Past Aboriginal trailblazers have peered over Sydney Harbour at dawn as the NSW premier remarks there is room for Indigenous celebration on Australia Day.
Portraits of four key historical Gadigal people of the Eora nation, including female leader Barangaroo and cultural mentor Patyegarang, were projected onto the Sydney Opera House sails as the sun rose on Friday.
"Many may know their names, but today is about shining a light on the role they played in modern Australian history," Aboriginal digital artist Brett Leavy said.
"The four statuesque images bring to life key Aboriginal figures who were not regularly recorded in Australian history books."
Eora culture was also marked by the long-running WugulOra ceremony, mixing music, dance, language, storytelling and ceremony along with a bilingual rendition of the Australian national anthem.
Premier Chris Minns told the crowd of hundreds the arrival of settlers in 1788 was not the first page of a news story written on a blank page, but a chapter in a 65,000-year story.
"It's only natural that Aboriginal people will mark today in their own personal ways," he said.
"Some with quiet thought and reflection. Others with their mob, their friends, family and community.
"Others will make their voices heard ... as is their right. But as this event shows, there's also room for celebration today."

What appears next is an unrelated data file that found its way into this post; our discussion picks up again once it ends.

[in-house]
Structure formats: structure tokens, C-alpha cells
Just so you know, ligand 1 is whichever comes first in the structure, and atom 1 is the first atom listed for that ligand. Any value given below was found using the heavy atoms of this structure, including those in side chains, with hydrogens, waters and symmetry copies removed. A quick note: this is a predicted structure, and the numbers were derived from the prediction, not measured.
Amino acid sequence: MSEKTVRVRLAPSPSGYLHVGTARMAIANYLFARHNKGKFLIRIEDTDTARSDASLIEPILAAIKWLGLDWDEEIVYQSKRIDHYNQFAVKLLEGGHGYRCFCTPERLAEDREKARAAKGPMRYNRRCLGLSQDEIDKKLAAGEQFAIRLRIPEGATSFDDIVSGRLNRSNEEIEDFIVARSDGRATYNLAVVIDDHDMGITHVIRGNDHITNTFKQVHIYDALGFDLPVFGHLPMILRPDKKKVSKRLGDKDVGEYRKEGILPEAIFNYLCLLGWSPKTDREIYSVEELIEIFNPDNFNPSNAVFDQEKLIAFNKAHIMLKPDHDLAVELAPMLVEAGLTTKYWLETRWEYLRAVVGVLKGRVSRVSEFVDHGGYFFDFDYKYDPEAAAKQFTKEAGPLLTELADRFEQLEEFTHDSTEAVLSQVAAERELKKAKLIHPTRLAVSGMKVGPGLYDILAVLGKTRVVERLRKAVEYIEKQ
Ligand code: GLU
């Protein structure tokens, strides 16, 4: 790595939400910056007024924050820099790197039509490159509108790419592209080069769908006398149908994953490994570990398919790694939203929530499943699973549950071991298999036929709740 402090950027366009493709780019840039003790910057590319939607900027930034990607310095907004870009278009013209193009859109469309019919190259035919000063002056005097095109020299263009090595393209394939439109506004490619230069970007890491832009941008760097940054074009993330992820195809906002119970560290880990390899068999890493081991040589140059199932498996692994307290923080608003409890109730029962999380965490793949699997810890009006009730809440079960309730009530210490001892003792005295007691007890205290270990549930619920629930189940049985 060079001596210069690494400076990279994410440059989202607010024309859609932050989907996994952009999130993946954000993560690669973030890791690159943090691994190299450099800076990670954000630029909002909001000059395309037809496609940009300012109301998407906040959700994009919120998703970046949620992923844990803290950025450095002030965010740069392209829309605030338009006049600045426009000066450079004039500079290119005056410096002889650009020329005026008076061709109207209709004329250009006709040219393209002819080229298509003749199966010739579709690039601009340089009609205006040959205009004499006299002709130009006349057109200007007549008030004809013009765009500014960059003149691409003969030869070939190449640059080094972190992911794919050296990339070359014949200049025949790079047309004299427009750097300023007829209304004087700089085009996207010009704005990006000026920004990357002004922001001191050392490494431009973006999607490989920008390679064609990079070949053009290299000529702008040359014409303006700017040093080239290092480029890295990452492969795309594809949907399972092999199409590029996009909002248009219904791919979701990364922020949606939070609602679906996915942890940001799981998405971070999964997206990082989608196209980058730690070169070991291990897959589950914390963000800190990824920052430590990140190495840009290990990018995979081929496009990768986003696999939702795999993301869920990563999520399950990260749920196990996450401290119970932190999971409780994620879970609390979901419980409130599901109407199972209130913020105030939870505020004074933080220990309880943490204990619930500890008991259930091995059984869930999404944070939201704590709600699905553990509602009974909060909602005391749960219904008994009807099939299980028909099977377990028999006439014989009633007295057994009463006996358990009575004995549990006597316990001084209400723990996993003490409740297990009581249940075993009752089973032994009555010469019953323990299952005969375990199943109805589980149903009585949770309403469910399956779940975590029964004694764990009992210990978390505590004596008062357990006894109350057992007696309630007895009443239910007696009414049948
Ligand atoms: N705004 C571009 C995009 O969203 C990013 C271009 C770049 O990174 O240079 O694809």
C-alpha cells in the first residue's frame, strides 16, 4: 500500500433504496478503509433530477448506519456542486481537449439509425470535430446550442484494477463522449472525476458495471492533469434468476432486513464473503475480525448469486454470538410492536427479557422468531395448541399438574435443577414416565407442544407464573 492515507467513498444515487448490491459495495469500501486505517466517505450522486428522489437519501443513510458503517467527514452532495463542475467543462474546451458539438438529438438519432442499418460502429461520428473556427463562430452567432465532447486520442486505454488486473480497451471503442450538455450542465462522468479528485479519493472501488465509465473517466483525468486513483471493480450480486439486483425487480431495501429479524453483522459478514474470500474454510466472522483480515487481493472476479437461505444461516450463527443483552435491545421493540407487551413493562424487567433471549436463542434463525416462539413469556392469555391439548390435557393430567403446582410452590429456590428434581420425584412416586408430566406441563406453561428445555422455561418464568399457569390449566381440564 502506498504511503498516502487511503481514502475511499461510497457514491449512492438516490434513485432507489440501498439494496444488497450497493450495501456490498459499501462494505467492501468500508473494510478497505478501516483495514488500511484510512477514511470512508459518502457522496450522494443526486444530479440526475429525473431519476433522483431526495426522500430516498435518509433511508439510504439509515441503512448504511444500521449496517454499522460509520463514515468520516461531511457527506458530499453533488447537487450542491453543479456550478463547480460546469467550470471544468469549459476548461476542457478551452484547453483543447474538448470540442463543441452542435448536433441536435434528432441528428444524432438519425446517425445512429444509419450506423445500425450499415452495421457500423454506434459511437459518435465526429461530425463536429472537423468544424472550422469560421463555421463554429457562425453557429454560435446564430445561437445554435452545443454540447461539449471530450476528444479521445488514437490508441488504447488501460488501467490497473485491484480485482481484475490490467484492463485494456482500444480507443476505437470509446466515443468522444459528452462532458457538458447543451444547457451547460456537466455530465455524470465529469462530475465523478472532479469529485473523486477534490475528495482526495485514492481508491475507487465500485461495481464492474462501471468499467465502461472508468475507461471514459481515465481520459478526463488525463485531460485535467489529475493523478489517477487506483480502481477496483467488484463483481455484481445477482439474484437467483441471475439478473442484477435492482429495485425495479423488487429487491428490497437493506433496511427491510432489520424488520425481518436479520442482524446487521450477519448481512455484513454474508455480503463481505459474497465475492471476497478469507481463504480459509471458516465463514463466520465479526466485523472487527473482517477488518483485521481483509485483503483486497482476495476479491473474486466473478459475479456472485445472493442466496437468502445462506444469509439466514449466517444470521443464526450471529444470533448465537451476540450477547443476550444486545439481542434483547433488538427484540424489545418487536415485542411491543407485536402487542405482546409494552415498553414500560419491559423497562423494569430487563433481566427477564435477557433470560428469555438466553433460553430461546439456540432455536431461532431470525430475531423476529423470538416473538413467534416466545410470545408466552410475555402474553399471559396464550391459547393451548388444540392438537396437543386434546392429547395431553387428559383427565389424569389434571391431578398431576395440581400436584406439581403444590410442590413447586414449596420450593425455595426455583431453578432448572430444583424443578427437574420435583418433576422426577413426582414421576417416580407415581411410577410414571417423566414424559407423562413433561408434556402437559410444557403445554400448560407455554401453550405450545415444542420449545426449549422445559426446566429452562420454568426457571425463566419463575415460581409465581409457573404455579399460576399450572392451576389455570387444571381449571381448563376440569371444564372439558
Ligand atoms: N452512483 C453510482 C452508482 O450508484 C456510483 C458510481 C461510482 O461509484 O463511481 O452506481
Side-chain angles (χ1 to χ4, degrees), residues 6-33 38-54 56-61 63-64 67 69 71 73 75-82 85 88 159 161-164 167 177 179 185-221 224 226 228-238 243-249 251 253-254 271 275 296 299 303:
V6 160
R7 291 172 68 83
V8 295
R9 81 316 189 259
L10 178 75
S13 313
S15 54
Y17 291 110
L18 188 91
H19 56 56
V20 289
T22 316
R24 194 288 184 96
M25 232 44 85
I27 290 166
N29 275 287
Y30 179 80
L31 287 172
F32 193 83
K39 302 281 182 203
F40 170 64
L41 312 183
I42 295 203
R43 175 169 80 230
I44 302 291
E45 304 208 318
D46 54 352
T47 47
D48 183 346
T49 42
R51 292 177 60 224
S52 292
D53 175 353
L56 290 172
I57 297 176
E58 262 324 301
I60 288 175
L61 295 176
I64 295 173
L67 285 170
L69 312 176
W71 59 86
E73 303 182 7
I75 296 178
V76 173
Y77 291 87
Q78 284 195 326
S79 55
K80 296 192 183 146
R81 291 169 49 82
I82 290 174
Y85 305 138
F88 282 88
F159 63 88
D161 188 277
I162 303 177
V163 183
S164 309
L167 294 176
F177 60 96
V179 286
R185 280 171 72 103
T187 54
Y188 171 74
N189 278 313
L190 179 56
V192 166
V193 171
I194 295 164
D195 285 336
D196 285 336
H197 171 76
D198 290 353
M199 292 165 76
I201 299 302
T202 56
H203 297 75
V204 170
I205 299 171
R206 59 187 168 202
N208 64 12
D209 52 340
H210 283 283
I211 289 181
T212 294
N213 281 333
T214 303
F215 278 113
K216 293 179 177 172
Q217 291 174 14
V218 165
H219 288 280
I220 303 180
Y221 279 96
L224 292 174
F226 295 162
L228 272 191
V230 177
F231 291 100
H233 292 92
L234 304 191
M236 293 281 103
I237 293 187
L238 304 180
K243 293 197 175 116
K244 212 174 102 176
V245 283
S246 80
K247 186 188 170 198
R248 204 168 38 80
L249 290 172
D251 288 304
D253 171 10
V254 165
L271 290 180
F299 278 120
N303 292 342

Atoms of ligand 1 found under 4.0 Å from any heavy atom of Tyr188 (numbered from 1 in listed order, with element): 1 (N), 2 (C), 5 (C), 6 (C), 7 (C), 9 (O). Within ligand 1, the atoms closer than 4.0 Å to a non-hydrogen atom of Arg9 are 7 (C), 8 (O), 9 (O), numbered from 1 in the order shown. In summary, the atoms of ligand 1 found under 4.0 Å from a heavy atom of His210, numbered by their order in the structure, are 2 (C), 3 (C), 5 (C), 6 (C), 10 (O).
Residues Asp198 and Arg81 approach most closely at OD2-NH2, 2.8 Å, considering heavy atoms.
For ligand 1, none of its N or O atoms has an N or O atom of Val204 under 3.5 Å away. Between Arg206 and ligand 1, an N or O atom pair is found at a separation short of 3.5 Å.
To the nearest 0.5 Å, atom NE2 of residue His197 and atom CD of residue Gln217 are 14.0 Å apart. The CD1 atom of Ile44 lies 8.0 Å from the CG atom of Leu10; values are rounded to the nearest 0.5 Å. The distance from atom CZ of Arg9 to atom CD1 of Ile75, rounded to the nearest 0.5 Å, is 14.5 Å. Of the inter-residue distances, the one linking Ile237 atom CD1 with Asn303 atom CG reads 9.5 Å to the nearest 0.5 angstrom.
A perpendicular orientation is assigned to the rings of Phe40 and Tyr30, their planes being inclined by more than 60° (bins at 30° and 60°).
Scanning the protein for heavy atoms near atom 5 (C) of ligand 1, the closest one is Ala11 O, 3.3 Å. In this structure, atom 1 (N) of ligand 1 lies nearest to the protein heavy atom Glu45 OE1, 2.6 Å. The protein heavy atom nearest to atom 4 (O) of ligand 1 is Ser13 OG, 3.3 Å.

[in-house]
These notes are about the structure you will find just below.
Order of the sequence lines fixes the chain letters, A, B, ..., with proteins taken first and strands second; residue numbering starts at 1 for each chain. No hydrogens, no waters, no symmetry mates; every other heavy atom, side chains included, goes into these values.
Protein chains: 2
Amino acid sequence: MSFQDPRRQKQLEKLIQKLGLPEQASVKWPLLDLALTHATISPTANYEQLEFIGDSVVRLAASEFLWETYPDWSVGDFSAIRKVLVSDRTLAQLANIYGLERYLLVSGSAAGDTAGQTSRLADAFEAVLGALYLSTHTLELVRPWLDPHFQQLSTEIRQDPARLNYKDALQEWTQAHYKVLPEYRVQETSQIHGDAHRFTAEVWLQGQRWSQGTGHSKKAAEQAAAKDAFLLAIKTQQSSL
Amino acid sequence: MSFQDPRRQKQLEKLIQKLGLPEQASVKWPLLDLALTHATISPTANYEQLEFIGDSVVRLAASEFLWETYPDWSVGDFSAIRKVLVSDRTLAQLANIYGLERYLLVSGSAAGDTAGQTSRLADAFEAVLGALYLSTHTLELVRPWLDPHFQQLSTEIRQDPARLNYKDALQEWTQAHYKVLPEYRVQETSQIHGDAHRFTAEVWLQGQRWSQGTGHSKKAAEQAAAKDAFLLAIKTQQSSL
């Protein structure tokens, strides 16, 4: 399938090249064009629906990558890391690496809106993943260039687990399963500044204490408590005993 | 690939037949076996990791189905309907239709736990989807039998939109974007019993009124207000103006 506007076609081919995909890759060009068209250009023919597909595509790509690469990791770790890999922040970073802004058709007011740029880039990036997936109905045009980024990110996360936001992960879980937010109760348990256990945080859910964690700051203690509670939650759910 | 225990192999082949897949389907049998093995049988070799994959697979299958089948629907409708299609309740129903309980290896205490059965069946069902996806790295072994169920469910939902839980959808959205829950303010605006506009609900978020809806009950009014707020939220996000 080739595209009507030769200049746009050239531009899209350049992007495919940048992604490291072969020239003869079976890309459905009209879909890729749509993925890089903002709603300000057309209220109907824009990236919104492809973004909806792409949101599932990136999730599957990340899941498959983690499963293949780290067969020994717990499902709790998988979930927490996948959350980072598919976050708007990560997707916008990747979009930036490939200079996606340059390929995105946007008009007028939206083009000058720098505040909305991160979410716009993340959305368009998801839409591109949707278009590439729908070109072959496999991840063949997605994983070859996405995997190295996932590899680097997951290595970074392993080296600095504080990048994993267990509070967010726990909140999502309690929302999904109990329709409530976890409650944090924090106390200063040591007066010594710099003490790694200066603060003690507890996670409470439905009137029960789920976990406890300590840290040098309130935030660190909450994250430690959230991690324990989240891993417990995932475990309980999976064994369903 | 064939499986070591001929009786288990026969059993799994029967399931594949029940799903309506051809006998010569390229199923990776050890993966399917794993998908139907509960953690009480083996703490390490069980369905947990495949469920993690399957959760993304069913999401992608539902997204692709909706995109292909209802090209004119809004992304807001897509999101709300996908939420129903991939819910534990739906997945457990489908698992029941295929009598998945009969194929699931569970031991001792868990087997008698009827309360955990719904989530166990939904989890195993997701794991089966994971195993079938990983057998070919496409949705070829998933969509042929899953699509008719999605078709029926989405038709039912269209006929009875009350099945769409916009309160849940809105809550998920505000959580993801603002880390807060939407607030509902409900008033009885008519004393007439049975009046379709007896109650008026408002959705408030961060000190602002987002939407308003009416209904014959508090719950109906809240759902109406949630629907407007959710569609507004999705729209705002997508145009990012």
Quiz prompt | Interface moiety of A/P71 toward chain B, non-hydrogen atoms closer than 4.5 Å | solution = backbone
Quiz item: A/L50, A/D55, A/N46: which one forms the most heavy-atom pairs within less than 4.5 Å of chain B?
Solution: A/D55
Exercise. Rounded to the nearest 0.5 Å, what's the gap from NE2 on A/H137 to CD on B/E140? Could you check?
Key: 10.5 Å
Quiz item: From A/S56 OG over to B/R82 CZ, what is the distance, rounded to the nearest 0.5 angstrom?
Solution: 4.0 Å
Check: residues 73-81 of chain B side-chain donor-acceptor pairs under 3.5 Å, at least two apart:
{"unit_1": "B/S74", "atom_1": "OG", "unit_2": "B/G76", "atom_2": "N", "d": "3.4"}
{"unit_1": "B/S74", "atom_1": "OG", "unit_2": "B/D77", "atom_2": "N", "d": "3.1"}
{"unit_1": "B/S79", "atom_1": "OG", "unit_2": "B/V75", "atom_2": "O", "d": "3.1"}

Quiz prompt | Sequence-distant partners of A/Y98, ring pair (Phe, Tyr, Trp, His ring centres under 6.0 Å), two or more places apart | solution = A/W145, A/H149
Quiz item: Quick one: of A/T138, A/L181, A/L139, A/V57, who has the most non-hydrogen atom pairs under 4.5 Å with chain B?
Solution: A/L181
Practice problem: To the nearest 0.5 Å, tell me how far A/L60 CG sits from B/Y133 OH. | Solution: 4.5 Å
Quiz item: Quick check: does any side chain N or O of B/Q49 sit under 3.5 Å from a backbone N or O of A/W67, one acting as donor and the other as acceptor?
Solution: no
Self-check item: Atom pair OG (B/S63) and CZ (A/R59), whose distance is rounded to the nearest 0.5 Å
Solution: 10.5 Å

After acknowledging the oldest Australians, the premier met the newest ones - in Penrith at one of dozens of citizenship ceremonies across the state.
Elsewhere, the RAAF's elite aerobatic display team - the Roulettes - returned to the skies above Sydney Harbour for their first Australia Day show in more than a decade.
Spectators also lined the shore to watch the harbour's newest public ferries battle it out for line honours in the annual Ferrython race.
Performances from Dami Im, Casey Donovan and William Barton will round out celebrations at the Opera House on Friday evening before fireworks light up the night sky.
Meanwhile, thousands attended a major Invasion Day demonstration at Belmore Park.
Paul Silva, the nephew of David Dungay Jr who died in custody in 2015, said it was important for white Australia to understand "why blackfellas want this day gone", citing the long history of state-sanctioned massacres of Aboriginal and Torres Strait Islander people since 1788.
"We don't need a day that inflicts so much trauma on us," he told the crowd.
Many across NSW are also marking the national day with sand under feet and water at their chest as a heatwave sweeps the state,
The mercury in Sydney's CBD passed 35C by midday on the way to a forecast 38C, while 40C is likely across the western suburbs.
At the epicentre of the heatwave, the state's Hunter and mid north coast, Gloucester is readying itself for 45C while Newcastle (41C), Maitland (42C) and Bulahdelah (44C) are all due scorching days.
Luke Costin, Nyk Carnsew and Esther Linder - AAP